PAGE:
Finus, Michael, and Matthew McGinty. “The anti-paradox of cooperation: Diversity may pay!.” Journal of Economic Behavior & Organization 157 (2019): 541-559.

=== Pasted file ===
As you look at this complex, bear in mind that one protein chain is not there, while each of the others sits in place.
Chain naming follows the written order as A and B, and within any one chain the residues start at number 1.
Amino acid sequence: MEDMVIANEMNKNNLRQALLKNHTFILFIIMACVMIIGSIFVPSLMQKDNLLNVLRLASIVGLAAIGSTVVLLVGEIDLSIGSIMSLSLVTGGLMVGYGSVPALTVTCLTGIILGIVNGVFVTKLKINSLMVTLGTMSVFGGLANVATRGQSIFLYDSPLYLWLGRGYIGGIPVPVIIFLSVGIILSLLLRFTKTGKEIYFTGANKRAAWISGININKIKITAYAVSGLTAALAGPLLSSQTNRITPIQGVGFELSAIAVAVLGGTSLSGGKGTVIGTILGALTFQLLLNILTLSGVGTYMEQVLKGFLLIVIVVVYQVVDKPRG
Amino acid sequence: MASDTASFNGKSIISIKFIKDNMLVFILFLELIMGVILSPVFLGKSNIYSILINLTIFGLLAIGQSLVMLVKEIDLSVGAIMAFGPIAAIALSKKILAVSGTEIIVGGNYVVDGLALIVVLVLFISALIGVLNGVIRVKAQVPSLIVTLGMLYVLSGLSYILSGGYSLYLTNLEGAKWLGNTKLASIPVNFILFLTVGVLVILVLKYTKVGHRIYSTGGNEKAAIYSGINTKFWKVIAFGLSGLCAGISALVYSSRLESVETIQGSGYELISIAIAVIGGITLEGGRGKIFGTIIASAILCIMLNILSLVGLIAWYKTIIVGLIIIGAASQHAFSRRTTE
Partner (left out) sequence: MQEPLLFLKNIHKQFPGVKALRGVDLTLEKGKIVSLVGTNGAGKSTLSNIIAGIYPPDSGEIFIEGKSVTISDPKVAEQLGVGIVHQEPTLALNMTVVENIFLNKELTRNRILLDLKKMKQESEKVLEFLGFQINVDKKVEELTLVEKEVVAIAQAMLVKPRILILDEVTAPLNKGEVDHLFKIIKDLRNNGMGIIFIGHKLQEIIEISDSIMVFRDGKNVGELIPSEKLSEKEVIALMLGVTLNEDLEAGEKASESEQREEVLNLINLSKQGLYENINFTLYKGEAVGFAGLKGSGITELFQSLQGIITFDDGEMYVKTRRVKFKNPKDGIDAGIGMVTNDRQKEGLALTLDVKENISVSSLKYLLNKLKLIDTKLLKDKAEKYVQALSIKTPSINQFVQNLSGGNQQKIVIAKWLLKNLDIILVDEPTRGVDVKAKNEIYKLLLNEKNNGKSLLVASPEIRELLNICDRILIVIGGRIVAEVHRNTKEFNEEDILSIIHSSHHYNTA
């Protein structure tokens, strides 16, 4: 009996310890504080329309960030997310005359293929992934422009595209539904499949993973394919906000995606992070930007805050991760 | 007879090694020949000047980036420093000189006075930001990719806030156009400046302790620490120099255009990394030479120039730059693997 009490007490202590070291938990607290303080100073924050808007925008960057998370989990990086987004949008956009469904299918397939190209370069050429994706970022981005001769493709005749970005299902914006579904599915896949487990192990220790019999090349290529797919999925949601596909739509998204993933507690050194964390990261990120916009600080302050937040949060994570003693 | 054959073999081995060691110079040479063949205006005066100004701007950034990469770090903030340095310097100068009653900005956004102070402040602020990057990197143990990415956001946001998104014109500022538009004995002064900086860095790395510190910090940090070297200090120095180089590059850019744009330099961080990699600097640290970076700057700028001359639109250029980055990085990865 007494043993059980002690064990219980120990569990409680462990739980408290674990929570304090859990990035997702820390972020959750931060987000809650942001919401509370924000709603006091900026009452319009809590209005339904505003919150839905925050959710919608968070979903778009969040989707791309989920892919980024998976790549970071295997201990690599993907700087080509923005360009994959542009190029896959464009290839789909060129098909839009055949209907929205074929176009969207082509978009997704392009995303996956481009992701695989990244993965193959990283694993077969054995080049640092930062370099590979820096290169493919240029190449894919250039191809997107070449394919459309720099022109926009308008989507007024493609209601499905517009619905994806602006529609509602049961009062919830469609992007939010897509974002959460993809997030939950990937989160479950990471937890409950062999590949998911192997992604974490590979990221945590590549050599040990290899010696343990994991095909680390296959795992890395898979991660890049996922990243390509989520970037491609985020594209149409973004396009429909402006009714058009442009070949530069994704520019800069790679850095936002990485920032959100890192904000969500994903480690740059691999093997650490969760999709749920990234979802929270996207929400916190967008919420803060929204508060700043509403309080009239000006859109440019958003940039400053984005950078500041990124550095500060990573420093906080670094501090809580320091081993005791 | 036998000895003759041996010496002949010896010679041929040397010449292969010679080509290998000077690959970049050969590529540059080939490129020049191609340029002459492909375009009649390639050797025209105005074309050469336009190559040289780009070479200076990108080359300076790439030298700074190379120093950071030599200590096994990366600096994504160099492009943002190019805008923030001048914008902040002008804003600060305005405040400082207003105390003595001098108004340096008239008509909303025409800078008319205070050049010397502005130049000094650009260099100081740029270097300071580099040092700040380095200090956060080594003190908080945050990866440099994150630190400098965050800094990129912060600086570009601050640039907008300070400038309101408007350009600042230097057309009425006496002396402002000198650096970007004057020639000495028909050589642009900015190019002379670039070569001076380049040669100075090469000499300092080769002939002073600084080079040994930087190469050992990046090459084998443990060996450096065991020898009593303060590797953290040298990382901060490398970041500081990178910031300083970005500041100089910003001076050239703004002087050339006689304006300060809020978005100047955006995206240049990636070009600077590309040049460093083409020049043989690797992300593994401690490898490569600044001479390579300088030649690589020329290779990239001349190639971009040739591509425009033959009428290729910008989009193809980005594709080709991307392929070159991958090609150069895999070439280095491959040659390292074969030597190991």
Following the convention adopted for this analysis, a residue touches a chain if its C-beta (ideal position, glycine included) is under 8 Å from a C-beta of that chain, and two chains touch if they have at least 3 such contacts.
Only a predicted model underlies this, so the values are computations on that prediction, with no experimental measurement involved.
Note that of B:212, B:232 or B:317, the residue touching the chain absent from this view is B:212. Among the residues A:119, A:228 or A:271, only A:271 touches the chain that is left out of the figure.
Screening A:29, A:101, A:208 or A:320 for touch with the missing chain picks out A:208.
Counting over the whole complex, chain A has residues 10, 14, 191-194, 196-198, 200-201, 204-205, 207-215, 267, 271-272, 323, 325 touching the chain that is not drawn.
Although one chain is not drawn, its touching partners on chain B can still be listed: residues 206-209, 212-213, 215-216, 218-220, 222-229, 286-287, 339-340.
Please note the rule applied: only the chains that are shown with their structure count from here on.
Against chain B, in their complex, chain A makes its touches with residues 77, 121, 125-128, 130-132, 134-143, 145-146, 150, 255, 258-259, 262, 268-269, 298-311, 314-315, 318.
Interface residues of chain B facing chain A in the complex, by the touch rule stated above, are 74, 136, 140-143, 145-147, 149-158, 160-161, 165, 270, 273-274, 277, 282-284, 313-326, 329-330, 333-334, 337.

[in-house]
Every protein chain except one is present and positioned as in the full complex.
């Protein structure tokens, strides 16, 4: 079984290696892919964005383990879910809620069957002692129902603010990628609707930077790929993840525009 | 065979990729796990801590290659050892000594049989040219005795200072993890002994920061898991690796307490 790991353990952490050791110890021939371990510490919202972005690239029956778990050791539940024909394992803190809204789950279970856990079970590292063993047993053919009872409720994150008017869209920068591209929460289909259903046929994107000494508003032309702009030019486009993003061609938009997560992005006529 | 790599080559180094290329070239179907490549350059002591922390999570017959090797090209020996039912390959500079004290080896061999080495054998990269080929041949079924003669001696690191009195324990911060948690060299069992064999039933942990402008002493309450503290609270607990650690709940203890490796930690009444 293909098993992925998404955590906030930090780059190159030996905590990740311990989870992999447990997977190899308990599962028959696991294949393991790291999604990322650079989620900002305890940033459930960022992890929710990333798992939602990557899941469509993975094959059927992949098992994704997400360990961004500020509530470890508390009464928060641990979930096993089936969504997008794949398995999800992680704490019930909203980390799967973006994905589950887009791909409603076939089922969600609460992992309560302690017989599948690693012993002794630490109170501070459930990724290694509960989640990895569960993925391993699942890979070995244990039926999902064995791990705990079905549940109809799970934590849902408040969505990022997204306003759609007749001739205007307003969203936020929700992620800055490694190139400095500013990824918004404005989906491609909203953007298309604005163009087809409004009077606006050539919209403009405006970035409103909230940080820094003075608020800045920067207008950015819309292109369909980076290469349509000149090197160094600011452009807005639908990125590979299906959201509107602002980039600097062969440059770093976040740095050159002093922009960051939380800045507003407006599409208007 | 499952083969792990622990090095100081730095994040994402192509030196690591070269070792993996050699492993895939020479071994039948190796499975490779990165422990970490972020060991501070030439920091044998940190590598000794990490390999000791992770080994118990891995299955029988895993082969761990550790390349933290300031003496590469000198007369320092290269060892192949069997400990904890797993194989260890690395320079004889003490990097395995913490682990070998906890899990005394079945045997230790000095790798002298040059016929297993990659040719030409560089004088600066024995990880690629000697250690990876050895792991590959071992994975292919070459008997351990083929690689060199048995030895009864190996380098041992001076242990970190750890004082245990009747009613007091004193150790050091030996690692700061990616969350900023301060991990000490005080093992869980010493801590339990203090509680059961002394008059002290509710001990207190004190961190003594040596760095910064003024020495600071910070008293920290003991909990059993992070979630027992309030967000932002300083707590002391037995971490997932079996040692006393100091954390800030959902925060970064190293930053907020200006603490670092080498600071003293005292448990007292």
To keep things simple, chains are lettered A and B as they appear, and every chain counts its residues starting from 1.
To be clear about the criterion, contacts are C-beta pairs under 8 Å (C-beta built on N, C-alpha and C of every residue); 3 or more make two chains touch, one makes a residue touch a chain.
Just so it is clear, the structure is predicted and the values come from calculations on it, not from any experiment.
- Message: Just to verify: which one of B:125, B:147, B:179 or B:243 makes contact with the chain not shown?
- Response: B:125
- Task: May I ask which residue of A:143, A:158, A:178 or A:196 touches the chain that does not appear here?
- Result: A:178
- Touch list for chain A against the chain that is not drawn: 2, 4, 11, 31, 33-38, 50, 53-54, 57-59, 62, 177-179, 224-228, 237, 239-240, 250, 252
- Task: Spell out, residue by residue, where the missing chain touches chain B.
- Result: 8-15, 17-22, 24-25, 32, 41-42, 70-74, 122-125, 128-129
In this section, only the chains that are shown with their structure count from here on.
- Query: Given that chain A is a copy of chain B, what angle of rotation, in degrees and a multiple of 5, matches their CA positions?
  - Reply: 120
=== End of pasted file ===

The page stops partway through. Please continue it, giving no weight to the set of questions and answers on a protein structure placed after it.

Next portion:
This paper considers the stability and success of a public good agreement. We allow for any type and degree of asymmetry regarding benefits and costs. We ask the question whether asymmetry and which type and degree of asymmetry is conducive to cooperation? We employ a simple non-cooperative game-theoretic model of coalition formation and derive analytical solutions for two scenarios: an agreement without and with optimal transfers. A central message of the paper is that asymmetry does not have to be an obstacle for successful cooperation but can be an asset. We qualify two central results in the literature. Firstly, the paradox of cooperation, known since Barrett (1994) and reiterated by many others afterwards, stating that under those conditions when cooperation would matter most, stable agreements achieve only little. Secondly, a kind of “coalition folk theorem”, known (without proof) in the literature for a long time, stating that without transfers, stable coalitions will be smaller with asymmetric than symmetric players. We show that even without transfers the grand coalition can be stable if there is a negative covariance between benefit and cost parameters with massive gains from cooperation. Moreover, with transfers, many distributions of benefit and cost parameters lead to a stable grand coalition, again, some of them implying huge gains from cooperation. Stability and success greatly benefit from a very skewed asymmetric distribution of benefit and costs, i.e., diversity may pay!